Of all the classes I took in film school, none were discussed with more direct disdain by fellow students than film theory courses. It's just talking about movies you say, but in actuality, it's a set of criteria established to define how we approach varying aspects cinema and how time has made such criteria more relevant. In a largely opinionated and biased way, film theory reinforces rules, genres, theme structures, etc. that make the movies the 'artform' that it is.
It may not be an easy pill to swallow, but the truth is (film students) you need to know this stuff whether you get it from a professor, the library, or the video store.
I was never one to do exactly what I was told, especially in film school, but I was still perceptive enough to know that challenging myself was the only way I was going to get better at what I was doing. Film theory, however, was still a hassle to me because I was so determined to make my own work that I wasn't interested in breaking down anyone else's movie. What I failed to initially realize, was that despite my lackluster interest in the classroom, I was actually educating myself on filmmaking theories by watching tons of old movies. As a film student - any serious interest in films outside of your lifespan is to be commended.
Yes, there is a difference between theory and history, but by simply acknowledging the work of Chaplin, early Scorsese, early Spielberg, Wilder, Kazan, and Capra (to name a very select few) I was actually teaching myself a lot about the basics of how to construct a story in numerous styles. My point being that there are numerous routes to the same goal (something reinforced over and over again in film).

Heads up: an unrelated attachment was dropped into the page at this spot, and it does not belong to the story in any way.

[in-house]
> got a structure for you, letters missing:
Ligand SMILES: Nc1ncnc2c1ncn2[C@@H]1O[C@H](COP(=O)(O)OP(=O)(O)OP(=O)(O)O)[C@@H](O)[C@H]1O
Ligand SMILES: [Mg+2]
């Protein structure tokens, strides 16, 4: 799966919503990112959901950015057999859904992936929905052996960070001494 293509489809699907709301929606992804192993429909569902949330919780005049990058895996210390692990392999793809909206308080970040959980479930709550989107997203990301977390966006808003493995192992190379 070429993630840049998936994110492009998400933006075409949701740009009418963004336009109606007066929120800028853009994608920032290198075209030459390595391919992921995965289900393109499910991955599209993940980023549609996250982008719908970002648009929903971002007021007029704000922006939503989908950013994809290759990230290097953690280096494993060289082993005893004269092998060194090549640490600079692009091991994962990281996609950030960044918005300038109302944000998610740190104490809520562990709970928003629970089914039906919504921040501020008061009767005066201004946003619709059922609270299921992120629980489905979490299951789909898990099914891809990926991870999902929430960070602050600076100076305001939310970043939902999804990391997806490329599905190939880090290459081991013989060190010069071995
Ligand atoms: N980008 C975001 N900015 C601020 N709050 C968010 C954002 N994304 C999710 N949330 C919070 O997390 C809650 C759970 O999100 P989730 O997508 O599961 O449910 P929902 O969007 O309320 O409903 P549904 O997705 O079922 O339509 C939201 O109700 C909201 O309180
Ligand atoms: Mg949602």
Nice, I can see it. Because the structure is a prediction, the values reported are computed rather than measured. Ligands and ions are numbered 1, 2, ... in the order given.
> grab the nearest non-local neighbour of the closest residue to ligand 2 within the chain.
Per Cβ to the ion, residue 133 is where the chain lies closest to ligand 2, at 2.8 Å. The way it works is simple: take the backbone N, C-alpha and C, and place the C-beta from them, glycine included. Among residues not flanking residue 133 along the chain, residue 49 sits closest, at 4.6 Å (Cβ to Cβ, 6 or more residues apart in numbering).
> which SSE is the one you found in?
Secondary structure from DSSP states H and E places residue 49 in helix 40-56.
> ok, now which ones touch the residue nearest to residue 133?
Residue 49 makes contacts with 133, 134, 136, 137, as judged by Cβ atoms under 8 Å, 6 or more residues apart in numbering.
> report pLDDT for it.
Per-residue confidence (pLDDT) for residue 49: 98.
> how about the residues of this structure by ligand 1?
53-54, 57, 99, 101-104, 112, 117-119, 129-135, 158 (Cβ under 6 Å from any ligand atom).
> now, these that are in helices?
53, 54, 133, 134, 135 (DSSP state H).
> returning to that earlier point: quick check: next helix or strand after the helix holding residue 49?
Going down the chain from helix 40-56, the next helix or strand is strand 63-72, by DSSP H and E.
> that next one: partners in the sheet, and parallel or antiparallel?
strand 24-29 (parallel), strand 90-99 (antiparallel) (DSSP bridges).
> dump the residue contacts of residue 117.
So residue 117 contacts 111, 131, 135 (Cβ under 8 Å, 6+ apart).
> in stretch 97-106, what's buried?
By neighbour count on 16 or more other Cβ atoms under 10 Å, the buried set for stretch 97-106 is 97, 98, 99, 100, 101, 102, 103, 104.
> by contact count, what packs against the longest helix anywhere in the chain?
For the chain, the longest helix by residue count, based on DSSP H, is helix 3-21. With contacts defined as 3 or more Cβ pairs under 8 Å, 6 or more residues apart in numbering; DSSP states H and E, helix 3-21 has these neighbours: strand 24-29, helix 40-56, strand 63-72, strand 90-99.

A filmmaker without knowledge of film theory is essentially mimicking a style that they've seen somewhere, trying to copy someone else's pattern to create comedy or drama. This is because they don't understand that there's a framework that gives meaning to the images they've chosen to showcase. This is both incredibly basic and complex, and can include everything from editing style to the significance of the music chosen, a historical or regional context, and so on. It's not that you can't figure some of these things out by experimenting, it's just that you're wasting your own time trying to discover a formula that countless others have been trying to share with you.
In a simple example, it's the way a relationship can be created by just combining two images together. A shot of a face followed by a shot of an apple could be suggesting that the subject is hungry or has an interest in picking that apple up. Simple things like this help to explain why many student films are so wooden or overly didactic. It's an art to learn how to subtlety convey meaning while naturally encouraging an audiences emotional response.
For instance, we don't necessarily need to create a complex shot by shot of a character establishing that he's hungry. Maybe we just need to hear his stomach growl. Why? A stomach growl is a universally recognized sound conveying hunger. Numerous layers can be added to this to establish context and meaning. Theory, for better or worse, is about heavy and repetitive discussions like this that aim to tap you into the culture and influence of the medium.
Relevance is also the essence of film theory; understanding what your work as a complete unit is saying about society and from what perspective it's doing so. From here we can break down scenes, dialogue, style, etc. Lot's of things will overlap.
Think closely about this, as whether you'd like to believe it or not every movie ever created does actually fit into some category or form of classification. What are you trying to say with your work? What does it mean? Why did you do it that way? None of these answers are as simple as they first seem.